What should I use for effect handling?

I was passing handles individually as parameters, but I found number of arguments rising and eventually the type became too big. This is why I resorted to MTL style.

Haskell’s function type (->), when partially applied: (->) r …is monadic:

# ghci
GHCi, version 9.0.2: https://www.haskell.org/ghc/  :? for help
ghci> :i ->
type (->) :: * -> * -> *
type (->) = FUN 'Many :: * -> * -> *
  	-- Defined in ‘GHC.Types’
infixr -1 ->
instance Applicative ((->) r) -- Defined in ‘GHC.Base’
instance Functor ((->) r) -- Defined in ‘GHC.Base’
instance Monad ((->) r) -- Defined in ‘GHC.Base’
instance Monoid b => Monoid (a -> b) -- Defined in ‘GHC.Base’
instance Semigroup b => Semigroup (a -> b) -- Defined in ‘GHC.Base’
ghci> :q
Leaving GHCi.

If your code only uses that extra argument for reading, that is usually enough. But if writing is also required, you’ll need a specific variant of ((->) r) which is sequential. Assuming WriteOut is intended for writing:

{-# LANGUAGE BangPatterns, FlexibleInstances #-}

instance {-# OVERLAPPING #-} Monad ((->) WriteOut) where
    m >>= k = \ wr -> let !x = m wr in k x wr

instance {-# OVERLAPPING #-} Applicative ((->) WriteOut) where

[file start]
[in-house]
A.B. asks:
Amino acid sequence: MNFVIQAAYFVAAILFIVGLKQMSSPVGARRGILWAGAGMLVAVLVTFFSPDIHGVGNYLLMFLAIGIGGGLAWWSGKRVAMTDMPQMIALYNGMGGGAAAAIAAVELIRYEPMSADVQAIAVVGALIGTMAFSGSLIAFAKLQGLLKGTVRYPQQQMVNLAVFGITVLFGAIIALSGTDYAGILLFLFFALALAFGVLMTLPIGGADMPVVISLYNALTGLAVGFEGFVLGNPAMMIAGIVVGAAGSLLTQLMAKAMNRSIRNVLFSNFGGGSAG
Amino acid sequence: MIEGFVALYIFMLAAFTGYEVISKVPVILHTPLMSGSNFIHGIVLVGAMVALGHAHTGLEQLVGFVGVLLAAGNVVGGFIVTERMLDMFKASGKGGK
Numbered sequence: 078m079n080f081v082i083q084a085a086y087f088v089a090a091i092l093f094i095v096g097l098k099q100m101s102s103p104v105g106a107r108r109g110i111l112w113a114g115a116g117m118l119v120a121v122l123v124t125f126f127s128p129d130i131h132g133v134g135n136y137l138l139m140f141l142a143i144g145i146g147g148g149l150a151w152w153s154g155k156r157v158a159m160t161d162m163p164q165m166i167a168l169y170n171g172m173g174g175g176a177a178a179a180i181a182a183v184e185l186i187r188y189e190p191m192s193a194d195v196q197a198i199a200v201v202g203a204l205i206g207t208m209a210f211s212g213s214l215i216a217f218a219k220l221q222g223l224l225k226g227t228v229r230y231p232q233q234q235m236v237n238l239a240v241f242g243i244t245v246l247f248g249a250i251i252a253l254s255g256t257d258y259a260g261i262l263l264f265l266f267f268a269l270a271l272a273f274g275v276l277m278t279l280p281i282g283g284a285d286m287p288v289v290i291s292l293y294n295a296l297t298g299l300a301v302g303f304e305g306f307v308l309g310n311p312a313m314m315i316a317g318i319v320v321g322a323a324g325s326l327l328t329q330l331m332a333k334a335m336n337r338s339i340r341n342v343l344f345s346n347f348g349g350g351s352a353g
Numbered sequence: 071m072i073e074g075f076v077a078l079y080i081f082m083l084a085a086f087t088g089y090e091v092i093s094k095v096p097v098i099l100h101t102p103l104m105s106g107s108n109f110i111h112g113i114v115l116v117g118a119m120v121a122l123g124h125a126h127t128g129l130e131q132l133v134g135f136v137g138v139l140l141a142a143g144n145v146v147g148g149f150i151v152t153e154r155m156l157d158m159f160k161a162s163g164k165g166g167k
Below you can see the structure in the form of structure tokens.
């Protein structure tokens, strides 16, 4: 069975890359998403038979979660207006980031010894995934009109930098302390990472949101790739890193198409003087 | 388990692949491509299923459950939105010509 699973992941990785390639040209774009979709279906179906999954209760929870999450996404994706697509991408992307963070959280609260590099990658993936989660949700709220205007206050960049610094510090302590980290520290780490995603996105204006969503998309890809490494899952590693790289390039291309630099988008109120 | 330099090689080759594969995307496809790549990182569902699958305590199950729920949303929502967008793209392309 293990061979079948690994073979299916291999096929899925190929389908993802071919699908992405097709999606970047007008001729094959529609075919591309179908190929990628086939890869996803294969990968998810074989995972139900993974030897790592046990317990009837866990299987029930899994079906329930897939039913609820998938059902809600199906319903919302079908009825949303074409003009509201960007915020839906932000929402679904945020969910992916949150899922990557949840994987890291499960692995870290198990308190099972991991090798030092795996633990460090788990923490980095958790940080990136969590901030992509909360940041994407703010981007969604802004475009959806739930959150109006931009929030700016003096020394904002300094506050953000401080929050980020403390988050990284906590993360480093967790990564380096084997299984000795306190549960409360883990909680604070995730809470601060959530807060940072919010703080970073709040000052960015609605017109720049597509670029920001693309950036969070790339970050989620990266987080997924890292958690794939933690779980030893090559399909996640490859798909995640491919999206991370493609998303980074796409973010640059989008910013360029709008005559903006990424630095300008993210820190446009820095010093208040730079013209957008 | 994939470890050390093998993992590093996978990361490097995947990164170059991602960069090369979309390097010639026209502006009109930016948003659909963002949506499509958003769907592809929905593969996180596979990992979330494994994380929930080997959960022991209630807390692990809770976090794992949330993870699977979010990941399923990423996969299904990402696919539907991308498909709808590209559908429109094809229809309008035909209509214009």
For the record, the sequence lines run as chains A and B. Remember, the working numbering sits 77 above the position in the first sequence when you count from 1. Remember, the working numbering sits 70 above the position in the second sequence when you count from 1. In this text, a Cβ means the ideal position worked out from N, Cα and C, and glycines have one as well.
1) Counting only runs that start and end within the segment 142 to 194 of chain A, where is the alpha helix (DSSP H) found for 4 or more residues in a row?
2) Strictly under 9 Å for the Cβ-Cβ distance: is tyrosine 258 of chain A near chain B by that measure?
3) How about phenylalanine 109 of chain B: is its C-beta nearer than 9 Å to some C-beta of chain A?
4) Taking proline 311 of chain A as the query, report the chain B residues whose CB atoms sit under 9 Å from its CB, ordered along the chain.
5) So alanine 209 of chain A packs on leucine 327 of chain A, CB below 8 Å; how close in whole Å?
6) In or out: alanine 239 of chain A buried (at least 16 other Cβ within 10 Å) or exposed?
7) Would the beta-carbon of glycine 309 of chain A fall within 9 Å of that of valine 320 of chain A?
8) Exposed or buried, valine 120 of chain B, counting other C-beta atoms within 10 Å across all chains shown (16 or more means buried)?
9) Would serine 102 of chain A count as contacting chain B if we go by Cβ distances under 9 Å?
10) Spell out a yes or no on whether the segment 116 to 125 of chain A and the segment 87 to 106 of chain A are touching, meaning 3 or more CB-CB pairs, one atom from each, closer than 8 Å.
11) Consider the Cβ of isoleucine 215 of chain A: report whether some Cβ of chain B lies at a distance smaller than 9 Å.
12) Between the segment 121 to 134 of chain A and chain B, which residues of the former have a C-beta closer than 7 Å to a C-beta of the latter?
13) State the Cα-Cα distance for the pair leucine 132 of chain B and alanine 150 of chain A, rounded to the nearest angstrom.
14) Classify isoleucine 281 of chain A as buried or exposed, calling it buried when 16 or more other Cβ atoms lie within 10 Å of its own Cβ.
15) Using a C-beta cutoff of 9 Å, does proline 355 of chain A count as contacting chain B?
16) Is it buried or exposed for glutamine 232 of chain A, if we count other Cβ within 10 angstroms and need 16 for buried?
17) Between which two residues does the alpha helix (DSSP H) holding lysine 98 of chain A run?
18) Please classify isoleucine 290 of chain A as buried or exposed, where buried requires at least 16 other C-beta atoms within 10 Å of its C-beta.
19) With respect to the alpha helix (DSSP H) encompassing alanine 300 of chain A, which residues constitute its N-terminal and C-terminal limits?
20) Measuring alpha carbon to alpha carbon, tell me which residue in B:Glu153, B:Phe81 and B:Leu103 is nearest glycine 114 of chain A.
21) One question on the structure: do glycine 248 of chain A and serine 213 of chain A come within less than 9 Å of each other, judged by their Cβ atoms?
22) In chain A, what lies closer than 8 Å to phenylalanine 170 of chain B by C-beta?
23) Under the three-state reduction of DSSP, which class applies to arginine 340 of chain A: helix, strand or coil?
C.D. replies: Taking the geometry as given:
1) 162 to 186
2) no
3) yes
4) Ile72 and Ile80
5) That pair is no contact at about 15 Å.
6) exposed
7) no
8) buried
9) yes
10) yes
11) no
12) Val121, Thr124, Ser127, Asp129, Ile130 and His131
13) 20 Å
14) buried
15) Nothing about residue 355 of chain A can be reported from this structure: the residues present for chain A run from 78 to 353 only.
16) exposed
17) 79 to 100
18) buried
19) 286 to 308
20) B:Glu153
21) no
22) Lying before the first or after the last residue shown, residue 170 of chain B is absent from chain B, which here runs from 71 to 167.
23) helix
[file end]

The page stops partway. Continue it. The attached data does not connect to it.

pure x    = \ wr -> x
    f' <*> x' = \ wr -> let !f = f' wr in
                        let !x = x' wr in
                        f x

instance {-# OVERLAPPING #-} Functor ((->) WriteOut) where
    fmap f m = \ wr -> let !x = m wr in f x

…and if needed, a type synonym can help to avoid repetitive keystrokes:

type WrOut a = WriteOut -> a

Those long argument lists can then be used more monadically…

I mean, my problem is just having a function with 10s of arguments. It’s too long and hard to track for me.

For inspiration, you could read this old thread, and the associated article:

So package up arguments that are commonly used together into a product type?

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Sorry, but I do not understand how the thread could help. Could you elaborate?

I cannot, each handle/config/parameter is sometimes used and sometimes not used and it all differs.

Why’s that a problem? If it’s not used, then just don’t use it!